The Definitive Student Visa Renewal Dossier*

*For my specific préfecture in my specific situation in June/July of 2017.

This always bears repeating, but any list of required documents you find on the internet regarding your visa situation even if you find it on the government’s website is just a list on the internet.

I recommend always, always going in person to your préfecture before you reapply and getting the list from them. You can ask your questions, explain your situation, and try to get the name of whomever gave you the information to use as a shield when you actually hand in your dossier. Can it take a couple of hours? For sure. But do you know what also takes a couple of hours? Waiting in line to deposit your dossier only to find out you’re missing a document.

So, what’s the story?

When I first arrived in France, I held a carte de séjour, which was, inexplicably, not a card but a giant sticker in my passport.

After my first renewal in 2015, I held a titre de séjour which was, in fact, a card.

Now, as I seek to receive a second titre de séjour for a longer amount of time, I need to submit the following documents no matter what situation I am in.

  1. The original titre de séjour card, and a front/back copy.
  2. My passport, and a copy of the identity page, and my first French visa plus my OFII stamp (received in January, 2015 after an awkward TB test).
  3. Proof of residence, in original and copy.The accepted proofs of residence are an electricity/water/gas/landline/internet bill in your name, or a rental agreement/rent bill in your name. If you live with someone but are not on any bills, then you need an attestation from the property owner.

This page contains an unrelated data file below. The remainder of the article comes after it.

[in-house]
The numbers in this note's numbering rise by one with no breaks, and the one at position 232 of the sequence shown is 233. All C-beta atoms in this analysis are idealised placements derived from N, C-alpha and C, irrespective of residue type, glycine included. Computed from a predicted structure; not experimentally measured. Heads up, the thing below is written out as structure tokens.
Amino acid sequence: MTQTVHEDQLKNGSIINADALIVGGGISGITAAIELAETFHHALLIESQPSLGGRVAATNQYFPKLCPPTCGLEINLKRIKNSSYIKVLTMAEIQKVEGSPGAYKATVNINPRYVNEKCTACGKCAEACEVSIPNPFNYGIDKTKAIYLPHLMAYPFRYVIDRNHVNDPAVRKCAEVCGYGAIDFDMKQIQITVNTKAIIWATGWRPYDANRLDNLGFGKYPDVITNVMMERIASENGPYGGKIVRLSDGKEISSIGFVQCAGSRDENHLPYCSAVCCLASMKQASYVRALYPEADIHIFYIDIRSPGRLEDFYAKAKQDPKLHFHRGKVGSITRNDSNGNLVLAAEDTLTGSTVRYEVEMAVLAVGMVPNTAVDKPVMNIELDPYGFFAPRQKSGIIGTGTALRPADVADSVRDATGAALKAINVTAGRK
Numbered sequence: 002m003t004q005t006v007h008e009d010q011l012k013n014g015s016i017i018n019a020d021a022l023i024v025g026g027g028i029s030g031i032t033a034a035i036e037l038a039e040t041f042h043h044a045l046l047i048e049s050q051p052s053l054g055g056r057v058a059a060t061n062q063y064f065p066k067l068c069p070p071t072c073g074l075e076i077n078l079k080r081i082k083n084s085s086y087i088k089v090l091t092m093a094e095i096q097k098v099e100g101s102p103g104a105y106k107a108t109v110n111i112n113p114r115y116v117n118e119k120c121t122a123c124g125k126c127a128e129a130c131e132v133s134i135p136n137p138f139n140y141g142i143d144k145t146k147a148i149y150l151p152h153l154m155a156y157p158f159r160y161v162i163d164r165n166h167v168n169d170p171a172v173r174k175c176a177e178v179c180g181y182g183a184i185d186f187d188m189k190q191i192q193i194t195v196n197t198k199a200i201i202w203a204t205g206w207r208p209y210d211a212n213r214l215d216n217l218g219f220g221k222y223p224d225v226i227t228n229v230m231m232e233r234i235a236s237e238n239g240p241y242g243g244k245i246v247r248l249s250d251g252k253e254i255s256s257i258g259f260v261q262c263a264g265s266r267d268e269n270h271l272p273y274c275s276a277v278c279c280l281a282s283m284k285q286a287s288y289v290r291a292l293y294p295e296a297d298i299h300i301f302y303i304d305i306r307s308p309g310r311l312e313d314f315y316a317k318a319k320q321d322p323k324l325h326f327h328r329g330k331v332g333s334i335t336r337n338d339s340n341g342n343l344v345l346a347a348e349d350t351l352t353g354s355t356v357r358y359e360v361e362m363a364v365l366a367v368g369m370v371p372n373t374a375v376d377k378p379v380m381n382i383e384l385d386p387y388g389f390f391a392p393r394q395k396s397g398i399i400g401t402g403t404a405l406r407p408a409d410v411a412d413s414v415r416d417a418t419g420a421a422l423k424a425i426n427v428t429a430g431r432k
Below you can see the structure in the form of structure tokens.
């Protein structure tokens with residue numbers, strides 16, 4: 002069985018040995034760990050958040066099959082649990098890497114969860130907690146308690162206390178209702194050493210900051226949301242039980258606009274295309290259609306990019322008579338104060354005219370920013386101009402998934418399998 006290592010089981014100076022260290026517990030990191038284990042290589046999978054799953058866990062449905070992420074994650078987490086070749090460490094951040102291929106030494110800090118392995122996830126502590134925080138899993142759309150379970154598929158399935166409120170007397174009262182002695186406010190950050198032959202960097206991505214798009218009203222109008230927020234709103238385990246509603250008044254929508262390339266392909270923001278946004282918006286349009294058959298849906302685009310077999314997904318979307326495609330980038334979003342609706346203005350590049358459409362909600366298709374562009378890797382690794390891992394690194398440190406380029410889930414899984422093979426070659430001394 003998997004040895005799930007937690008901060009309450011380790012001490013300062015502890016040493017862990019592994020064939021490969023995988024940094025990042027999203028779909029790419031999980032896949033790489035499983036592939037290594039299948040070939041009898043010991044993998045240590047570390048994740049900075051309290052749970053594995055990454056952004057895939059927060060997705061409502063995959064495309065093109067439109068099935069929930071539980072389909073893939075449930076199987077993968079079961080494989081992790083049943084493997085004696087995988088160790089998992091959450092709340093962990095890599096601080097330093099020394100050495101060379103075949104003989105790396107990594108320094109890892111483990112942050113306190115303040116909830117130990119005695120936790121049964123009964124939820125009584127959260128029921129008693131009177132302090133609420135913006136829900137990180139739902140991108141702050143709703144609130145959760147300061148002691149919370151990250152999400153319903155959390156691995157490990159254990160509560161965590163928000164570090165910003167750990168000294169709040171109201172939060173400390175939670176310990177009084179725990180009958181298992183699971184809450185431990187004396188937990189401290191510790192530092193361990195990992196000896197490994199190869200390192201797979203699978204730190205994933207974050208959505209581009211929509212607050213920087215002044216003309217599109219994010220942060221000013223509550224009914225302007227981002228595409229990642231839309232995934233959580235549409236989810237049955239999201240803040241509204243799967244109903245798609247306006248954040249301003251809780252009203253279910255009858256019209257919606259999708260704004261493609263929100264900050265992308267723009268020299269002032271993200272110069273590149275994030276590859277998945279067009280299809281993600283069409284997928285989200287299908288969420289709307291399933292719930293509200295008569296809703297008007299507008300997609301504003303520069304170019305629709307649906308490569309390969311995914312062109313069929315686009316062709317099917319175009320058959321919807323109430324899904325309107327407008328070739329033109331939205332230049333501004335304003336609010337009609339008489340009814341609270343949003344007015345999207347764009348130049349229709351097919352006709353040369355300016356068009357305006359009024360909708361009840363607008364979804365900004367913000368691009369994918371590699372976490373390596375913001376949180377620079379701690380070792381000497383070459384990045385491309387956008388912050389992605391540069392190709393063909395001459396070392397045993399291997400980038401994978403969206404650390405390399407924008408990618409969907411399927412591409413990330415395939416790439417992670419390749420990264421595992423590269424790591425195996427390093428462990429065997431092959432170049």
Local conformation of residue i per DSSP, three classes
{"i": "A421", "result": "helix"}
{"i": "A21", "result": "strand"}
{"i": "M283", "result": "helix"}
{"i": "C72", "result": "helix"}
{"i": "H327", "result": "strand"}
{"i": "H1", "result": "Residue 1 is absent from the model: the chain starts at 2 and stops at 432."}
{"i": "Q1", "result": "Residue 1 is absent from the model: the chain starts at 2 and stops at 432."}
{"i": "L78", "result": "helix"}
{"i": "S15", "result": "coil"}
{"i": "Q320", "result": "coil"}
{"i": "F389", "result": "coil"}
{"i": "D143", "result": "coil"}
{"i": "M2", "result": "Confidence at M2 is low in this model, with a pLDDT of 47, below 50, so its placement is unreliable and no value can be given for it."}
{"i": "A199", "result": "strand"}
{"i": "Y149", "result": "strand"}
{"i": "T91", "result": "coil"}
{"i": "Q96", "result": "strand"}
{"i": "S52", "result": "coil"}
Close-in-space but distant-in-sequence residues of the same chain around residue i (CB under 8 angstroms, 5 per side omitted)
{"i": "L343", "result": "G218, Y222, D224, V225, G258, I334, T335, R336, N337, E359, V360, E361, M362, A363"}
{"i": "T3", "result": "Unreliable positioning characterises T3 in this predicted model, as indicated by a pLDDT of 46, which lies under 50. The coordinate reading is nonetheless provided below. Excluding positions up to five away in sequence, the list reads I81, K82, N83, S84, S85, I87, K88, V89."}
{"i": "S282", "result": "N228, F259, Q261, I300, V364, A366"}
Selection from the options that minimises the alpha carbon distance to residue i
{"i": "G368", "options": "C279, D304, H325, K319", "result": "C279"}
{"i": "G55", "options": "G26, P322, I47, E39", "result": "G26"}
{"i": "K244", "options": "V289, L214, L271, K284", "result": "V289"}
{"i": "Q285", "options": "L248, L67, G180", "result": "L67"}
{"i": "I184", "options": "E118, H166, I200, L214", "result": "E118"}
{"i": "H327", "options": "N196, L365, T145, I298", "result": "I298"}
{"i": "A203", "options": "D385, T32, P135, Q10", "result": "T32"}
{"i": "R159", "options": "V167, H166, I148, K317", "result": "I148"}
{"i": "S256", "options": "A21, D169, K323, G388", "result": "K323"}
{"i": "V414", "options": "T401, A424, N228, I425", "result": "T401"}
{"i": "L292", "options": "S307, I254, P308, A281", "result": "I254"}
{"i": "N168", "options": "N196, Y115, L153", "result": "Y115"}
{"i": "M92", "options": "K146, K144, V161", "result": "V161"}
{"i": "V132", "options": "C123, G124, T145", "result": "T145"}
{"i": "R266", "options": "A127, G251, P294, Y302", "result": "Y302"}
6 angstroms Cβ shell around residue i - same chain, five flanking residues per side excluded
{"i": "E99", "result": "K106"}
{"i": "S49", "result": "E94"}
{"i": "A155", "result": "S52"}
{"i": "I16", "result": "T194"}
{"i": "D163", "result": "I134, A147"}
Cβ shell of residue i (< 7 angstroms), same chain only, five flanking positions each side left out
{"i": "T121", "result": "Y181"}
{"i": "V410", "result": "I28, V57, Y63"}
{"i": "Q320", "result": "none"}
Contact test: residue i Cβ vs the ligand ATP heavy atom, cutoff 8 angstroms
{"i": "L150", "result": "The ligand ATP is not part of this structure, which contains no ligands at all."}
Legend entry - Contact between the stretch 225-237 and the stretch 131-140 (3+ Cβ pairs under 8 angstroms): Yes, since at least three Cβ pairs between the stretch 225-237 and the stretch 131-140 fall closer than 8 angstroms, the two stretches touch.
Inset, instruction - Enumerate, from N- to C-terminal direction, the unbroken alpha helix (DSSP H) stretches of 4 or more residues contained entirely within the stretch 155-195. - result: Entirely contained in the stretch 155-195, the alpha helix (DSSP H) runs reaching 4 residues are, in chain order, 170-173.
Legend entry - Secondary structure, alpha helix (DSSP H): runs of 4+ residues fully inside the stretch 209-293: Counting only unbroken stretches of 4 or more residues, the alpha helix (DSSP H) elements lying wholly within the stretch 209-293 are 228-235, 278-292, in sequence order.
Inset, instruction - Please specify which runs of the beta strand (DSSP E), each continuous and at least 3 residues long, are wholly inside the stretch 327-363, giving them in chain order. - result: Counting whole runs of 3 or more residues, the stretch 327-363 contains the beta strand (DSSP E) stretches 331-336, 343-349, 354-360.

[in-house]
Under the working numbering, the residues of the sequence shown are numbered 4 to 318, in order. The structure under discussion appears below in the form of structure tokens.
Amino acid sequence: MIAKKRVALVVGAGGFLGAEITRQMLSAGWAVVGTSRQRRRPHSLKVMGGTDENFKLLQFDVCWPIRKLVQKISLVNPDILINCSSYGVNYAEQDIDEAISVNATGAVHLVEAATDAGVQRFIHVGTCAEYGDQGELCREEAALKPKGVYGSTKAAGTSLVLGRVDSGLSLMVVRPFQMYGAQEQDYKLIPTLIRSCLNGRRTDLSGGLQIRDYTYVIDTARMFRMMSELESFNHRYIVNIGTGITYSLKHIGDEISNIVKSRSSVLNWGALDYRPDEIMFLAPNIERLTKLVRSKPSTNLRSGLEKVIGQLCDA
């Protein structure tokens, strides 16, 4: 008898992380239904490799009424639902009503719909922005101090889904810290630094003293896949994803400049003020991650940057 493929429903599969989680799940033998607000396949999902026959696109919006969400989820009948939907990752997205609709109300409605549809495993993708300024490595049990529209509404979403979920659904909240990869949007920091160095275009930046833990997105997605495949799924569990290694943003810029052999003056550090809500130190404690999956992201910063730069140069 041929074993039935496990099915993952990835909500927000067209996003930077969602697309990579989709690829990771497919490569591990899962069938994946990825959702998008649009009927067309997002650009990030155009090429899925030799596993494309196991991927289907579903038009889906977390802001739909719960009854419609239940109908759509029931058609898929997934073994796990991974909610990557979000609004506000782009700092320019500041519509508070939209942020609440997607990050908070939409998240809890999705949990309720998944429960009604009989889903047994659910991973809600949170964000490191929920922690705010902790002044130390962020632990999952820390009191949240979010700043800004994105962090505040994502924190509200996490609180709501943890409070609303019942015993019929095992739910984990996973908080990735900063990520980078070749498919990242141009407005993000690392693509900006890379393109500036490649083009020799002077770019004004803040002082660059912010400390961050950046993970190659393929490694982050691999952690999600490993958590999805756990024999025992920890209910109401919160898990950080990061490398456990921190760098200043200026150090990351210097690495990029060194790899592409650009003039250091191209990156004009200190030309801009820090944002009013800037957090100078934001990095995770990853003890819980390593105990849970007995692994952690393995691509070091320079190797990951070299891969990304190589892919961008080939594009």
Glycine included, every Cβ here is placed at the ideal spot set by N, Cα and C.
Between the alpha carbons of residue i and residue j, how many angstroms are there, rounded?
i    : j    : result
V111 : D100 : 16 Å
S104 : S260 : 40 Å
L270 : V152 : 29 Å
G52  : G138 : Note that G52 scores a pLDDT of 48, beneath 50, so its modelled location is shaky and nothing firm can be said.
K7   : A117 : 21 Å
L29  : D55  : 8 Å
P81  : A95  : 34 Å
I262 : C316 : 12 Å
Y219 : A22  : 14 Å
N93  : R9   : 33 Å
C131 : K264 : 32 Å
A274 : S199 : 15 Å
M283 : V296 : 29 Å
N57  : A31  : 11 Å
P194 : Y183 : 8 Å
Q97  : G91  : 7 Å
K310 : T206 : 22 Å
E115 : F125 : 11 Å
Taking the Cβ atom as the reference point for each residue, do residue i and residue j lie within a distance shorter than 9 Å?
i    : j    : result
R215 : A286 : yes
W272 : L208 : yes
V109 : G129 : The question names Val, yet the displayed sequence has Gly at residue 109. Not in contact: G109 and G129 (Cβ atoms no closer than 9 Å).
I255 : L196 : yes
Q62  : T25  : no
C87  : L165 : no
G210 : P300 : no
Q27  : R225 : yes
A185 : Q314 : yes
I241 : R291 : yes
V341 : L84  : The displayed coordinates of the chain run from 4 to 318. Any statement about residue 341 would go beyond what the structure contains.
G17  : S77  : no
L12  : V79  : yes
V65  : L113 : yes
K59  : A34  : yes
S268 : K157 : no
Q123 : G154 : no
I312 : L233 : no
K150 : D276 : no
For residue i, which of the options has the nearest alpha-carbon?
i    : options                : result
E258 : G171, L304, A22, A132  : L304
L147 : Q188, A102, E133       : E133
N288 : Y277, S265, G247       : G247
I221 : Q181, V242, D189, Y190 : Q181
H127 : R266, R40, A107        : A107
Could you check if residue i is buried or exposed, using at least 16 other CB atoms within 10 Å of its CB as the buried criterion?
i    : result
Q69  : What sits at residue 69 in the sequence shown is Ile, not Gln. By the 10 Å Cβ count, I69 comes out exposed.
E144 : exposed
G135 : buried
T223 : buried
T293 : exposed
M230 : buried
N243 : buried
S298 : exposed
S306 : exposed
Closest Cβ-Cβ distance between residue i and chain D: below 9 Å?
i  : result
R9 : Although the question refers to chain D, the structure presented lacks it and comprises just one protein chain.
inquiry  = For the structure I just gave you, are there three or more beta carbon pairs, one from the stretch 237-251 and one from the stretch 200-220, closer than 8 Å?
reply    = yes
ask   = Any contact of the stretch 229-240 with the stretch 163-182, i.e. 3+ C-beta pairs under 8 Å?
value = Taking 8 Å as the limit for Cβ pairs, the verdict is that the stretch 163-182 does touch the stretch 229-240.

I will be brining the electricity bill (in my name) and the rental agreement AND a rent bill, all in my name, because you can never be too careful and if you stay ready, you don’t have to get ready.

  4. Three identity pictures. I’m going to do my hair and put on some blush for this, because this picture winds up on your card *forever*. You can get 5 for 5 euro in the metro, and you’ll probably look like a serial killer thanks to the lighting and the dead-eyed stare they tell you to do, but hey, nobody takes good government photos.

Next, the specific documents depending on my situation.

If I am not accepted to the next graduate program, life is very easy. I’ll convert my visa to an authorisation provisoire de séjour, for free, by bringing in the same copy of my titre de séjour and a diploma from my Master’s program, or at least a certificate from my program. I already printed out the certificate in colour and in black and white, having requested it literally the hour after I received my grades. I’ve also printed a copy of those grades just in case, because for goodness sake YOU NEVER KNOW.

If I am accepted to this next graduate program, then things are more complicated and I get to spill some more ink.

I will need:

  1. An attestation that I have been accepted and enrolled, or “pre-enrolled.”
  2. A financial justification. The level has been raised in France to €615 per month, and the way I will justify this is by printing and highlighting the last 3 months of pay to my French account, and by printing and highlighting transfers from my parent’s account to my US bank account when they transferred me money from my educational savings. Finally, I tend to air on the side of caution and ask my mother to send a letter of financial support and her last bank statements, in order to say, “hello, yes, it is I, the financially stable adult, who will not let this person die while studying.” More is more, in this case.
  3. Justification of “social coverage” which essentially means a printed attestation of my insurance coverage (both my public insurance through LMDE and my private insurance through Henner) from the last year.
  4. Justification of “the reality and the success of the studies undertaken” which is truly hilarious when read in French. For this, I will bring my grades and the certificate that is given at the beginning of the term once you pay your annual fees.

I hope to be finished entirely with this frustrating, hair-splitting process within the next few years, but for now, I need to double down on my printing, copying, and stapling, to get this dossier ready for Monday!



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